Sacralizing Security: Religion, Violence and Authority (SACRASEC) ERC Consolidator Project


Profile – Murtala Ibrahim

Trained in Religious Studies (University of Jos, Nigeria), I received my Ph.D. at the Department of Philosophy and Religious Studies, Utrecht University in 2017. After concluding a one-year research fellowship at the Institute of Cultural Anthropology, Freie University Berlin, I was accepted as a postdoctoral researcher under the SACRASEC project at the Department of Cultural Anthropology, Utrecht University.

Image courtesy of Murtala Ibrahim

The site of my field research is Lagos, which is one of the megacities of the global south. Lagos is the most populous city in Nigeria and the second-largest city in Africa. The metropolitan area has a total population of 21.3 million, making it the second-largest metropolitan area in Africa after Cairo. Lagos is a major financial center for all of Africa and is the economic hub of Nigeria at large. Lagos was the capital of Nigeria since its amalgamation by the British in 1914, however, the federal capital moved to Abuja in 1991. A large percentage of Lagos’s economy is in the informal sector, even though the city is the commercial and industrial hub of the country. The myriad problems of the informal economy are exacerbated by deteriorating infrastructure, environmental degradation, and unemployment problems.

Due to its size and the level of economic and environmental informality, crime is widespread from burglary to armed robbery. The crime situation is complicated by the presence of notorious street gangs known as “Area Boys,” who often engage in crime and urban violence. A serious lack of resources (for example, proper skilled leadership, and training, vehicles, communications equipment,) continues to undermine the effectiveness of the state police. For this reason, non-state security actors play important roles in security provision in the city. These non-state security actors vary from business-oriented private police firms to different kinds of community-initiated vigilante formations.

My research will focus on the Vigilante Group of Nigeria (VGN) which is one of the most important vigilante groups that are flourishing in Lagos. This group was established in 1982 by Alhaji Ali Sokoto in Kaduna State. As a result of rising crime in Kaduna, Ali Sokoto came up with the idea of forming a vigilante group that would cooperate with the police to curb criminal activities. The organization was registered in 1999 with Nigeria’s Corporate Affairs Commission. The VGN has achieved rapid expansion in Lagos and its offices spread throughout the city. These offices are either makeover stalls or makeshift shacks constructed on public lands.

People identify vigilante offices through their logos painted on the walls and their signboards. The offices are hubs where vigilantes gather together for meetings and administrative activities as well as adjudicating civil cases. The VGN imitates and acts like state police with a well-defined constitution, hierarchical ranks, and uniform. One of the important functions of the group is to assist the police in the prevention and detection of crime, apprehension of offenders, and protection of lives and property.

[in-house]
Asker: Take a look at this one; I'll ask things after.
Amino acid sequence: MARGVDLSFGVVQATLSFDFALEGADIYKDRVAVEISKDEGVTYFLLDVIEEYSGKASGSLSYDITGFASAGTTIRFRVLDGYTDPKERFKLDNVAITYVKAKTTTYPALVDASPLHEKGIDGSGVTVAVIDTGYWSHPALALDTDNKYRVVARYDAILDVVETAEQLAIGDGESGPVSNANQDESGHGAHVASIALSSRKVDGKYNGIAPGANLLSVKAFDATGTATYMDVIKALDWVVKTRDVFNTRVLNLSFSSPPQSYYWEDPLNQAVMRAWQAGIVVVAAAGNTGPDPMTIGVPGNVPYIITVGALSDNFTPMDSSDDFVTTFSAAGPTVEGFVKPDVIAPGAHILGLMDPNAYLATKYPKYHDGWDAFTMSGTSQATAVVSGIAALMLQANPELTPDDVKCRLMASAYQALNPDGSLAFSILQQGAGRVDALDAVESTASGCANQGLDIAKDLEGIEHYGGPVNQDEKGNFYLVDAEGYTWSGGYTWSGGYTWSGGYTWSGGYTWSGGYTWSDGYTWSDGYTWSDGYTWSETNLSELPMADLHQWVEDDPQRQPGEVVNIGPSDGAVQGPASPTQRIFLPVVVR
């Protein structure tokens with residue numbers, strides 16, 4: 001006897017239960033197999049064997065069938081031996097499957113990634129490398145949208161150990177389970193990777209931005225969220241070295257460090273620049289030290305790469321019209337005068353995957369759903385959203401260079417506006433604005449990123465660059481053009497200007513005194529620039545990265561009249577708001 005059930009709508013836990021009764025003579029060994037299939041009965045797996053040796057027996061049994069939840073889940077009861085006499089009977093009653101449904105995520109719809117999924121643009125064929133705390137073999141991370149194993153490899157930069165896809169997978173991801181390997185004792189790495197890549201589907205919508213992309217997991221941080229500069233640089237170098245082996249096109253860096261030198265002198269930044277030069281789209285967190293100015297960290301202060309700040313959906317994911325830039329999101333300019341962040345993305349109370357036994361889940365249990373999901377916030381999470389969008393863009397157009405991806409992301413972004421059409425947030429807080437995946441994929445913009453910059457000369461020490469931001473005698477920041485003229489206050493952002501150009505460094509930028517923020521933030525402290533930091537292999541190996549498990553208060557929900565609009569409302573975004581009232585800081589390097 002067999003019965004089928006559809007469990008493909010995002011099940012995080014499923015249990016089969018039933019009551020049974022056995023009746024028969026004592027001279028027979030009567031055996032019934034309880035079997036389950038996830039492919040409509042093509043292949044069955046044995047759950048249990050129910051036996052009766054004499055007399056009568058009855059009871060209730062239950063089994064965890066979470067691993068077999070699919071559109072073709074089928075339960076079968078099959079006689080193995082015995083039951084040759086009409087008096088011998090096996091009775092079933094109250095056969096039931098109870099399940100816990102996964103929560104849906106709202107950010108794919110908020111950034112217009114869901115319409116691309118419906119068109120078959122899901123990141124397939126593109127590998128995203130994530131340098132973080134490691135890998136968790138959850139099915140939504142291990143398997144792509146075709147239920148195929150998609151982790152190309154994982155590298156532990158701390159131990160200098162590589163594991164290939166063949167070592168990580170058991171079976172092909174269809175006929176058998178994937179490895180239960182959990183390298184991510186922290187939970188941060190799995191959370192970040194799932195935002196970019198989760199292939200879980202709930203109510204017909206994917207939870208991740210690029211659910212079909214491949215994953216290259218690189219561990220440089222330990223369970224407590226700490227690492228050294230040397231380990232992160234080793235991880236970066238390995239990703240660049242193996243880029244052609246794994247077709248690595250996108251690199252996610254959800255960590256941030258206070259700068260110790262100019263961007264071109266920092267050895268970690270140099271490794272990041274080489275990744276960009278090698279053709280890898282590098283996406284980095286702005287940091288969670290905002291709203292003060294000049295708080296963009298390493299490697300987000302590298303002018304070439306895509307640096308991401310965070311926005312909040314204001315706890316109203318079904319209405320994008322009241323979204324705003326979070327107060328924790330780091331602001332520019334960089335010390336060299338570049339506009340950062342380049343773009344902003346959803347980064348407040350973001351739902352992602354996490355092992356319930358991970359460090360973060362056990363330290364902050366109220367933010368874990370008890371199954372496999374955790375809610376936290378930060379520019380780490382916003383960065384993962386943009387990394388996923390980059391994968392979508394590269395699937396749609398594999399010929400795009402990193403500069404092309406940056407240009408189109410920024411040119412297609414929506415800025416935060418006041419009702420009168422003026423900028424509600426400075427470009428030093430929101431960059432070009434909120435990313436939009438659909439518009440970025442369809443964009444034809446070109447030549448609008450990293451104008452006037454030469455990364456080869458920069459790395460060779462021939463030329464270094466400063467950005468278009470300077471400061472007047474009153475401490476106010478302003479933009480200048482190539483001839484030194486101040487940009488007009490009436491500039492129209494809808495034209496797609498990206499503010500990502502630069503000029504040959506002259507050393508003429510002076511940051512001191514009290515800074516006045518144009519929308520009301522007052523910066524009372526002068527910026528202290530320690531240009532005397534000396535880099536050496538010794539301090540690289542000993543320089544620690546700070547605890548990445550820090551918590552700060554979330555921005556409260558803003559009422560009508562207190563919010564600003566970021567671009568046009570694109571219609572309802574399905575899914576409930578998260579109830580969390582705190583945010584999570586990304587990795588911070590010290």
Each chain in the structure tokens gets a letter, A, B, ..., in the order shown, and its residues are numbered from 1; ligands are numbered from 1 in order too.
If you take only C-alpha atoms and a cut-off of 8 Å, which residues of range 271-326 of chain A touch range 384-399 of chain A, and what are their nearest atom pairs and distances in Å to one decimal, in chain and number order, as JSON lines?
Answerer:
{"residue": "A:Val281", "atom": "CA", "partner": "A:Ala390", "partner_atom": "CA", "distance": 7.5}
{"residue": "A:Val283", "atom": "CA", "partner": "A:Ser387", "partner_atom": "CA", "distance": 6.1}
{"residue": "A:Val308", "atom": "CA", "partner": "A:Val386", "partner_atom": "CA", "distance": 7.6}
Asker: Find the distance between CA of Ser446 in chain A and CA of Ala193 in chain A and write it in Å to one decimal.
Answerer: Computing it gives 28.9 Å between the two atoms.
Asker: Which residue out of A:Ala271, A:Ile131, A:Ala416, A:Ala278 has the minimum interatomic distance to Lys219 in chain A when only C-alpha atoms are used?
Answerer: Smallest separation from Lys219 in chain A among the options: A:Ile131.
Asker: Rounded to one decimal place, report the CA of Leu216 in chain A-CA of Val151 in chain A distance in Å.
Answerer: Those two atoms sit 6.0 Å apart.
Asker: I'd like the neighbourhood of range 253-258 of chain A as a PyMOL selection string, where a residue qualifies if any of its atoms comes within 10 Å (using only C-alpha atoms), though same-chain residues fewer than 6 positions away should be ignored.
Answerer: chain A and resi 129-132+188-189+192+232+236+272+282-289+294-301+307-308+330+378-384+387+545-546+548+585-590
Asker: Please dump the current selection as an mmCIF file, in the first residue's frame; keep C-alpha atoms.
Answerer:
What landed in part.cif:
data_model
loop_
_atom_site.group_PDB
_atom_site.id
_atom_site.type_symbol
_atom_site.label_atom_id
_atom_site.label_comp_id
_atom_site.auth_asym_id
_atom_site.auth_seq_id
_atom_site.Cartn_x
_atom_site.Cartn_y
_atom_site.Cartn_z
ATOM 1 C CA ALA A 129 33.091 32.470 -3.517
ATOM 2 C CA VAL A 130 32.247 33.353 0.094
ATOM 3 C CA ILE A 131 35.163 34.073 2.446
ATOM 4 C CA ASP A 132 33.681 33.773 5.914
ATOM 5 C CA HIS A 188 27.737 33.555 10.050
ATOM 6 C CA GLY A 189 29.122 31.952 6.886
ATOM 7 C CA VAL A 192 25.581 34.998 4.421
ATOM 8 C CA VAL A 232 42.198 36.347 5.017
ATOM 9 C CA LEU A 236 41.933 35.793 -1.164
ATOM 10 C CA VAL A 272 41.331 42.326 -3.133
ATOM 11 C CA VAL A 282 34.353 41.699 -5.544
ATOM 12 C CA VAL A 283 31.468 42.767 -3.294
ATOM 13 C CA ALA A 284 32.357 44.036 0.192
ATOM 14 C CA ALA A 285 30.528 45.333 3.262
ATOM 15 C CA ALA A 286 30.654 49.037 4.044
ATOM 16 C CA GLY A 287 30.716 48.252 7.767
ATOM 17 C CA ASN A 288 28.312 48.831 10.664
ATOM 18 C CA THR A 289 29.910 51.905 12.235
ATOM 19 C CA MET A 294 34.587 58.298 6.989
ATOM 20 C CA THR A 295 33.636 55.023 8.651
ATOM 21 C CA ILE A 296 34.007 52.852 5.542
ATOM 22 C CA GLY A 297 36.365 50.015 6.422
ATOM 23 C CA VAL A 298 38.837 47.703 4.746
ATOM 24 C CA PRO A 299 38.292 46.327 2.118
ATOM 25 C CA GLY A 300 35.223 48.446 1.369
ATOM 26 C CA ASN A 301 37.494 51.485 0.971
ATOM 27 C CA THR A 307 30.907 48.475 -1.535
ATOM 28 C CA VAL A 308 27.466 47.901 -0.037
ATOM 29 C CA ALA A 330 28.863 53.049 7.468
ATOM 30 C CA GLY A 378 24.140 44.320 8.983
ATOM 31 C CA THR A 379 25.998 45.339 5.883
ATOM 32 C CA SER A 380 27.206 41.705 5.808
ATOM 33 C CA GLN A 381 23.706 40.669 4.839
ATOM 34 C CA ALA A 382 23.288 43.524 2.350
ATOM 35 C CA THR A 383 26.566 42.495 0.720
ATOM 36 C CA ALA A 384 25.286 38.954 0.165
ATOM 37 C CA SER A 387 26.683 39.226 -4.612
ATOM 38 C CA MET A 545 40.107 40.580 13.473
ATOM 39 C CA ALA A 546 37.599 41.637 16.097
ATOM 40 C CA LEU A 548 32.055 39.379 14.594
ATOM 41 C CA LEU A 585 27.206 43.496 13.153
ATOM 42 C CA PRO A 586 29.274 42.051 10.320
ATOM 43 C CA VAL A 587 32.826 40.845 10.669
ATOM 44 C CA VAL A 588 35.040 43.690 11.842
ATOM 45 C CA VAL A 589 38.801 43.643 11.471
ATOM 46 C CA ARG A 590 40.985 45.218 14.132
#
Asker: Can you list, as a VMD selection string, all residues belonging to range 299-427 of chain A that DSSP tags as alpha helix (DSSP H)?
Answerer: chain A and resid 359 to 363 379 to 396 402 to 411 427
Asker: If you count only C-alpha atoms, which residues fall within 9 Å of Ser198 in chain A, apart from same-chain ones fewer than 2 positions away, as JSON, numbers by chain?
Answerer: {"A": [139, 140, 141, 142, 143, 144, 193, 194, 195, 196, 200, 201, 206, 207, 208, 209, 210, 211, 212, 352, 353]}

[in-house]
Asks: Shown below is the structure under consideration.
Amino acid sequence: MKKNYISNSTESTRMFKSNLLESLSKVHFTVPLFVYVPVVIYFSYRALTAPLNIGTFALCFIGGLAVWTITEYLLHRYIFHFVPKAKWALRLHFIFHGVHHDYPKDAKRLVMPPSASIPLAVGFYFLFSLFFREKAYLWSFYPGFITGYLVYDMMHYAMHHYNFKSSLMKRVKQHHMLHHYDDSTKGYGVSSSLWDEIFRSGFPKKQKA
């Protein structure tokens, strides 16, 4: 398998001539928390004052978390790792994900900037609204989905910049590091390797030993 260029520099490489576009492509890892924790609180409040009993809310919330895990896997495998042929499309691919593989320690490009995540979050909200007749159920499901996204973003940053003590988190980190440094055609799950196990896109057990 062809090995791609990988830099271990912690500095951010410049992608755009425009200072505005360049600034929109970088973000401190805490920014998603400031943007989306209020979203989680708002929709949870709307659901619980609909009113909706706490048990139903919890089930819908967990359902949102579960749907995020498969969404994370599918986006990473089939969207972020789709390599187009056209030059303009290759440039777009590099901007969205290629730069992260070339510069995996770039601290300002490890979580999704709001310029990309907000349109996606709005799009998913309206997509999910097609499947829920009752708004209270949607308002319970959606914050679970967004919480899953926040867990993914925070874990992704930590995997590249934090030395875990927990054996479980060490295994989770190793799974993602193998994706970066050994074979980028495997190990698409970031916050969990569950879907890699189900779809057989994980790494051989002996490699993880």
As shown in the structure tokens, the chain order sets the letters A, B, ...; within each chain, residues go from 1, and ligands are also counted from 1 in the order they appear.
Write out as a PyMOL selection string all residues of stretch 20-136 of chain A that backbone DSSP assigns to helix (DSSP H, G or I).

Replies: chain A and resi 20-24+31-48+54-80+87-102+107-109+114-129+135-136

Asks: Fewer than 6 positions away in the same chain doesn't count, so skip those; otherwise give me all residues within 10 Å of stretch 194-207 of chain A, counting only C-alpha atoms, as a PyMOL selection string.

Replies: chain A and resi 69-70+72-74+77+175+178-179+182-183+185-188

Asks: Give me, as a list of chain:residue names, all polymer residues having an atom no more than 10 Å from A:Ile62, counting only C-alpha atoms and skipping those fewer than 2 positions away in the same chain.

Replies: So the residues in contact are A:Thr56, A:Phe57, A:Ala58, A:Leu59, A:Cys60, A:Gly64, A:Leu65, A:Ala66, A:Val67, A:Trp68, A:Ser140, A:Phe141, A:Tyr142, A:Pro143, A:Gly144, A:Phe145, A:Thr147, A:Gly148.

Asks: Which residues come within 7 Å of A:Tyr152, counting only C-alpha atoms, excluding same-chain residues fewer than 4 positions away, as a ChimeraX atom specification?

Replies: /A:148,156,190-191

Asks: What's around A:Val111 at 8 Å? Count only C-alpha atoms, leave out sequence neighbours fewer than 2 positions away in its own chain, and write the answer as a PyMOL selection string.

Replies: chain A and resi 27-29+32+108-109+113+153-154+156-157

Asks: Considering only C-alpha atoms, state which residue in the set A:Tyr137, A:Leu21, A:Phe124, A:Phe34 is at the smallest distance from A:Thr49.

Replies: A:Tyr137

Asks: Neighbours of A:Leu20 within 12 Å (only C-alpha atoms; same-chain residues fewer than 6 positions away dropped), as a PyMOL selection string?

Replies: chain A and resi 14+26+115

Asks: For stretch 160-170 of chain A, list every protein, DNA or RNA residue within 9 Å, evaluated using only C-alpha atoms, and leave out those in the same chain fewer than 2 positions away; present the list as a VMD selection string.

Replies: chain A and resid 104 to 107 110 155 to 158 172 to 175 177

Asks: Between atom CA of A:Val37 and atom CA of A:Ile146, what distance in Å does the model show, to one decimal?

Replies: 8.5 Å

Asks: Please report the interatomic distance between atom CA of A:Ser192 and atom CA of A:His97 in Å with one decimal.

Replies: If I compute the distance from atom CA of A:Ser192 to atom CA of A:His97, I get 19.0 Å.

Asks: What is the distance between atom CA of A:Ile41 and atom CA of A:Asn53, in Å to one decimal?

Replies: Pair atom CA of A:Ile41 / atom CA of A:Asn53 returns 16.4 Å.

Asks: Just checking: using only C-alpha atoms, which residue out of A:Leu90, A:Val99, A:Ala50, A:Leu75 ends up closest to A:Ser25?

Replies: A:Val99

In my research, I will explore sources of the VGN’s authority and the social legitimacy the organization enjoyed from the communities. I will also look at how the group invokes religion to validate their authority and enhanced their legitimacy. Moreover, I will examine material paraphernalia of the VGN such as uniform, whistle, torchlight, ID card and their roles in the production of authority. Contrary to power which commands obedience through the use of force, I see authority as the right to direct and command through intersubjective sharing of understanding of the institutions that define legitimate power. In this research, I will approach authority in vigilantism, not as fixed unchanging power relations. Rather authority could be understood as embedded in a dynamic relationship between vigilantes and their communities that has to be continually reproduced, cultivated, and nurtured through a variety of security related practices and discourses. This is because in changing social circumstances vigilantes’ authority could be waned, undermined or fractured.

Through the lens of the notion of sovereignty, I will explore the VGN autonomous micro governance of their communities. There is a seeming divergent conception of what constitutes insecurity, justice, and punishment between vigilantes on hand, and the state and human rights organizations on the other. I will look at the clash of these ideas and how the three entities—vigilantes, government, and human rights organizations—negotiate their differences in this issue.